Joe Lenza, 523 Houston, Batavia stated that he works at the current Verilife facility. He believes that the new proposed location would allow employees to serve their clientele better.
Mayor Gaffino closed public comments.
Trustee Lowery explained that he was a retired psychologist and has worked with substance abuse groups, he stated that he has never treated someone with substance abuse issues related to marijuana, and that there are many more problematic substances. Lowery stated that he arrived at the meeting with an open mind and willing to listen to all perspectives. He concluded that based on the audience comments, most residents’ opposition to the proposed dispensary location were based on speculative fear and concerns about what marijuana may do to their children. He also stated that he was not concerned about traffic issues. Lowery said that his concern lied with the standard “the proposed special use is deemed necessary for the public convenience at that location”, however is no longer concerned after hearing the argument that it doesn’t have to be absolutely necessary for the public but it will be a tremendous convenience for so many. He empathized with the residents that were concerned about their children and the potential exposure that having the dispensary located near their homes may cause, but cited the dispensary’s stringent regulation and security as safeguards against such exposure. Lowery expressed that as of that time, he was in favor of the new location.
Trustee Guethle stated that the half of a million dollars a year that the dispensary has raised in tax revenue for the Village was beneficial and supports infrastructure projects that benefit residents, this revenue could not easily be made up by replacing with other businesses.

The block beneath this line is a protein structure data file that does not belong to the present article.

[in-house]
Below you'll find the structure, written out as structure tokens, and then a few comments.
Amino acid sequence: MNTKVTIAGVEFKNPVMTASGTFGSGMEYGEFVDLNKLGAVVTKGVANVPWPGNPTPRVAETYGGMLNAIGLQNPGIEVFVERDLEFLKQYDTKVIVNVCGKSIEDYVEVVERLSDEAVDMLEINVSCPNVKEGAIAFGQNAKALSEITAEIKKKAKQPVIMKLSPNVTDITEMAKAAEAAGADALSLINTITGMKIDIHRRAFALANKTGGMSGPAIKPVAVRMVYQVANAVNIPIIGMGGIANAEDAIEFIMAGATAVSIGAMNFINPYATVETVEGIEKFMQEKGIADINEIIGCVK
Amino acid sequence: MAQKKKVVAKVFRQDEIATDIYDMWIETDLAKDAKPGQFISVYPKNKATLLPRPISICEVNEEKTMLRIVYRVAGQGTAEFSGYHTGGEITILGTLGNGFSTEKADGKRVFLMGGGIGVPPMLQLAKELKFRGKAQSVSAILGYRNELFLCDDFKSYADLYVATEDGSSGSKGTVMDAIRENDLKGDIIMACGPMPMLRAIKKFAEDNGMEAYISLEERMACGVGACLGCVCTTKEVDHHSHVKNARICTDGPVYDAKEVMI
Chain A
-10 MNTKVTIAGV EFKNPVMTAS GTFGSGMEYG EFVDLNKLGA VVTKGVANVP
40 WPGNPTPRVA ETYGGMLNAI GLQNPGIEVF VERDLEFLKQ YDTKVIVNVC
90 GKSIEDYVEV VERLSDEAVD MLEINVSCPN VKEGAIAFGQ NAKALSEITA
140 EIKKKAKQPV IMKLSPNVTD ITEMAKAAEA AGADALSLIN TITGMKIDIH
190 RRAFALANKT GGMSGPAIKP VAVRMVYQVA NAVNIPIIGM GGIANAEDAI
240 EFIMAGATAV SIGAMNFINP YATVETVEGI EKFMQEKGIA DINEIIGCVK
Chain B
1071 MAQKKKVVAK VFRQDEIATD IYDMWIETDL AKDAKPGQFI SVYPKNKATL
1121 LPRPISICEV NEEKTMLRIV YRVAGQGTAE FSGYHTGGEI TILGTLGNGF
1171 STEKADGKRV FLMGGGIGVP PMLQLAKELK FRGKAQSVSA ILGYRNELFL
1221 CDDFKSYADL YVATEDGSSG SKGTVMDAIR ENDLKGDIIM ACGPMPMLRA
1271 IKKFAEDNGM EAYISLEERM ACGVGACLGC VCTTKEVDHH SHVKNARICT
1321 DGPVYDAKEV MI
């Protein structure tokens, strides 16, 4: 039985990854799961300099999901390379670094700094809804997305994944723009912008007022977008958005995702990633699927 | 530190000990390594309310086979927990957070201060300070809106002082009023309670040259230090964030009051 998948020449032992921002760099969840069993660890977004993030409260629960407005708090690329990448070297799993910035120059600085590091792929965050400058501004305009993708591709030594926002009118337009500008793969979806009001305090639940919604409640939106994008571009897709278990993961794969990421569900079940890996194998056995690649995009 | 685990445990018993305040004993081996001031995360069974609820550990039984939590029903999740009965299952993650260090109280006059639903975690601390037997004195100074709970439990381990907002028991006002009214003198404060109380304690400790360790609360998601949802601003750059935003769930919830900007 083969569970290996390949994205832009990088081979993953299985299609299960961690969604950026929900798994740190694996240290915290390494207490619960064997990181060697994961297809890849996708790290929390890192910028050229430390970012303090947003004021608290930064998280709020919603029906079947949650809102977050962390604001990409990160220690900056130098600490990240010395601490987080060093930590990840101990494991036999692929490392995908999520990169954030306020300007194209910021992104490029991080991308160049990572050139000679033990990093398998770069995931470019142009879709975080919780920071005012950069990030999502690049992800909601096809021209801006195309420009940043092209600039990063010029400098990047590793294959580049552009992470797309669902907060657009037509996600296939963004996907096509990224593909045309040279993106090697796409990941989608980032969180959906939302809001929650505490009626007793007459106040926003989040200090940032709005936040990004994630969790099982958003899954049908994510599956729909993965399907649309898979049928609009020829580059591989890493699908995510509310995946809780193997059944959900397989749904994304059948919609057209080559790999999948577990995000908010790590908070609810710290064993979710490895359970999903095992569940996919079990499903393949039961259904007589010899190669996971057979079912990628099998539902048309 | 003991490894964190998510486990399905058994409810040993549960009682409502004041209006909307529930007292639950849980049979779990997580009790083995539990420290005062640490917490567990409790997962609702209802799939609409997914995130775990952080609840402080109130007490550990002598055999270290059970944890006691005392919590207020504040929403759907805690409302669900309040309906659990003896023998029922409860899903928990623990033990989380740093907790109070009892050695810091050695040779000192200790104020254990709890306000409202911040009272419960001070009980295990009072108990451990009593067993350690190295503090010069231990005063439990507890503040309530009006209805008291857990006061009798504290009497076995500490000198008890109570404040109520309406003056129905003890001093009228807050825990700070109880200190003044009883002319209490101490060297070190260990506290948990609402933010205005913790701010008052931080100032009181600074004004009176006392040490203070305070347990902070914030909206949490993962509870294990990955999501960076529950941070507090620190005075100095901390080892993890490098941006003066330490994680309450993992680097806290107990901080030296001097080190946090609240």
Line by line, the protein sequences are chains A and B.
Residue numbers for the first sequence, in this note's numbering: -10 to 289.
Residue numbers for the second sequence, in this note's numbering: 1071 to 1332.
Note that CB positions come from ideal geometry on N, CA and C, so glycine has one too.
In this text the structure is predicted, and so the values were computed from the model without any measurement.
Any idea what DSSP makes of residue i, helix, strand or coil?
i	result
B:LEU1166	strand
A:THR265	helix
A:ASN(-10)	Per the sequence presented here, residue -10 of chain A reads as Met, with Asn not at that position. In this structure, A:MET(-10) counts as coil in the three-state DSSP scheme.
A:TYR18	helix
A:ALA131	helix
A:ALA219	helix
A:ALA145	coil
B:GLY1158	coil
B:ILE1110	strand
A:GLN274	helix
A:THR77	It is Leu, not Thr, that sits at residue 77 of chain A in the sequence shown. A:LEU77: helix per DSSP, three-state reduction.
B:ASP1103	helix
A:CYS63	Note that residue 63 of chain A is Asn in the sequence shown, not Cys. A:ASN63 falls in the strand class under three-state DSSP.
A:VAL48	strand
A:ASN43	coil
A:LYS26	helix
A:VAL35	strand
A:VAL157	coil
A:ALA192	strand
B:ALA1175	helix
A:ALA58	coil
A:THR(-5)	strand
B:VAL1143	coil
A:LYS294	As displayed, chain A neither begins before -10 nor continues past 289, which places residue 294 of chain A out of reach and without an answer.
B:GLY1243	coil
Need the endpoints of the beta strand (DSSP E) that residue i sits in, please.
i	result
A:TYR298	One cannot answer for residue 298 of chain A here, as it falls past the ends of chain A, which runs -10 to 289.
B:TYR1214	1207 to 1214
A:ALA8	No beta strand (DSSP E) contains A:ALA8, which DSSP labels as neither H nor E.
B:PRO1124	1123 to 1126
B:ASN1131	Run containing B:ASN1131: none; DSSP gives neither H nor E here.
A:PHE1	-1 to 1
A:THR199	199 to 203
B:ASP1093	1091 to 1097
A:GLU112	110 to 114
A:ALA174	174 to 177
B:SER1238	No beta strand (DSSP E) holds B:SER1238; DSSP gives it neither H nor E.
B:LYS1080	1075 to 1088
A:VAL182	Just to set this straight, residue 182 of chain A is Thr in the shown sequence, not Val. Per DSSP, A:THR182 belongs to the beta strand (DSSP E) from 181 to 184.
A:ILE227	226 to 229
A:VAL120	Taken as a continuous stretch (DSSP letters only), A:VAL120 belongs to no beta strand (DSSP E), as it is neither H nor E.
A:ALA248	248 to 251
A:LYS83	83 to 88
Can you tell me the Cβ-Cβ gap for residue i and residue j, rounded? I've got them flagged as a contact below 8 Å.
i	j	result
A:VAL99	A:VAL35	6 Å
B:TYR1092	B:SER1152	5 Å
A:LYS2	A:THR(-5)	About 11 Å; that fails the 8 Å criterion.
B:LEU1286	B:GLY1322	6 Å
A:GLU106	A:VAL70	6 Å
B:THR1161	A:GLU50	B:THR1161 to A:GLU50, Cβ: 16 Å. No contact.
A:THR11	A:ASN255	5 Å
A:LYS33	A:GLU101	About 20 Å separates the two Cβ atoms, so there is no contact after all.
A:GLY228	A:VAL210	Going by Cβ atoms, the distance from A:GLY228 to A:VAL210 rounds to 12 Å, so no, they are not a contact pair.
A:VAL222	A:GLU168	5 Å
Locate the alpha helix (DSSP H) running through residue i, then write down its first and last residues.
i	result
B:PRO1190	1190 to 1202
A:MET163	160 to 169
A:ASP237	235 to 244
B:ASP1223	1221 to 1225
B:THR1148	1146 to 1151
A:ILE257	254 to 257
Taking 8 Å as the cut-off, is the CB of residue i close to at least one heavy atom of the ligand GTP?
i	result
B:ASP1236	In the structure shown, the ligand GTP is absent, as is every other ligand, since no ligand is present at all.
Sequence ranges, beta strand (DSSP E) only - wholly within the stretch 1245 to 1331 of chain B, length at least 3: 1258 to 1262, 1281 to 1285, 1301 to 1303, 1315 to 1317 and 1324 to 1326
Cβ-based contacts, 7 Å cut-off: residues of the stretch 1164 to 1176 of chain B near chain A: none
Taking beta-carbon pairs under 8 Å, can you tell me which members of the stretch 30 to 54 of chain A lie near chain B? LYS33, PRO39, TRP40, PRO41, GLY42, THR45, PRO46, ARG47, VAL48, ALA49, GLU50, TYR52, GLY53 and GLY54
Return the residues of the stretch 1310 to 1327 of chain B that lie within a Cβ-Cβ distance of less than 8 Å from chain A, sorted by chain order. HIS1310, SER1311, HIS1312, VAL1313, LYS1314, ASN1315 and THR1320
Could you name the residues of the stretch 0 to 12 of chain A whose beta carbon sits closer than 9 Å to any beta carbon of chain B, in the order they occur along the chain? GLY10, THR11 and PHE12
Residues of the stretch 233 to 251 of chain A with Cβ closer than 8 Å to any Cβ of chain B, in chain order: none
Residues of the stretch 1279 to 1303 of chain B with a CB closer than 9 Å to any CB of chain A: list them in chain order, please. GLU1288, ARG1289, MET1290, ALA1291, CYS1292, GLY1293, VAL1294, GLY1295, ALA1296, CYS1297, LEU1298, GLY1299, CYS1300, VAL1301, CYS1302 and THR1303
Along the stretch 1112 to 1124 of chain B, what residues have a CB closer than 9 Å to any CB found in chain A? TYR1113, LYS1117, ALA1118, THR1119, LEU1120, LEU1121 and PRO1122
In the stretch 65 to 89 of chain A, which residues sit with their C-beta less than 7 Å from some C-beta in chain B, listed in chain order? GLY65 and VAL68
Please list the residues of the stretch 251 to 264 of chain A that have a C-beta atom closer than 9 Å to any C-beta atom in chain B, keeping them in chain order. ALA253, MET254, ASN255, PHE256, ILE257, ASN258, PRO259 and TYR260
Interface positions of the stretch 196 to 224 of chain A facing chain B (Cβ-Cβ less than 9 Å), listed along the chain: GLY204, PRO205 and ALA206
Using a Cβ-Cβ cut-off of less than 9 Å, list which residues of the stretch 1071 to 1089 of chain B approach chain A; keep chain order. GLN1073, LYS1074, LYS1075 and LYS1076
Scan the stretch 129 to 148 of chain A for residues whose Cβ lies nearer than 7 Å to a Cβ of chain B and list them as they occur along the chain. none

Attorney Drendel added that in regard to the standards for special use, there is no one controlling standard, it is more of a balance between them all.
Trustee Niedzwiedz asked if there was a required buffer between residents and a dispensary. Director Toth stated that there was not. Niedzwiedz then asked the Pharmacann representatives about the seventeen additional sites they had looked at relocating to and why they had not chosen one of those. Mr. Unruh explained that often times within a retail development, an anchor store will have within their agreements a restrictive covenant that does not allow for cannabis businesses or no unlawful businesses. Unruh went on to explain further challenges in finding suitable locations, that fall within zoning restrictions, whose covenants allow for a dispensary. Monte Spiers gave the specific example of the North Aurora Towne Center who has stores that within their leases, would not allow for the dispensary to be located within the Towne Center. Speirs stated that was a common issue in finding a location. He said the only other viable location within North Aurora was at 255 Genesis Way, however the location did not provide a suitable accessibility for the dispensary’s needs.
Trustee Salazar stated that she had taken a tour of the facility, and was impressed with the level of security that was in place. Salazar compared the dispensary to a liquor store and suggested that there were more security practices in place at the dispensary than at a liquor store, stating that someone under the age of 21 can walk in to a liquor store, while someone under 21 could not make it past the front door ID check of the dispensary. She said that she believes that the dispensary serves a need in the community for people using for pain management. She stated that she thinks that Pharmacann has been a good partner to the Village thus far and was in favor of granting the special use.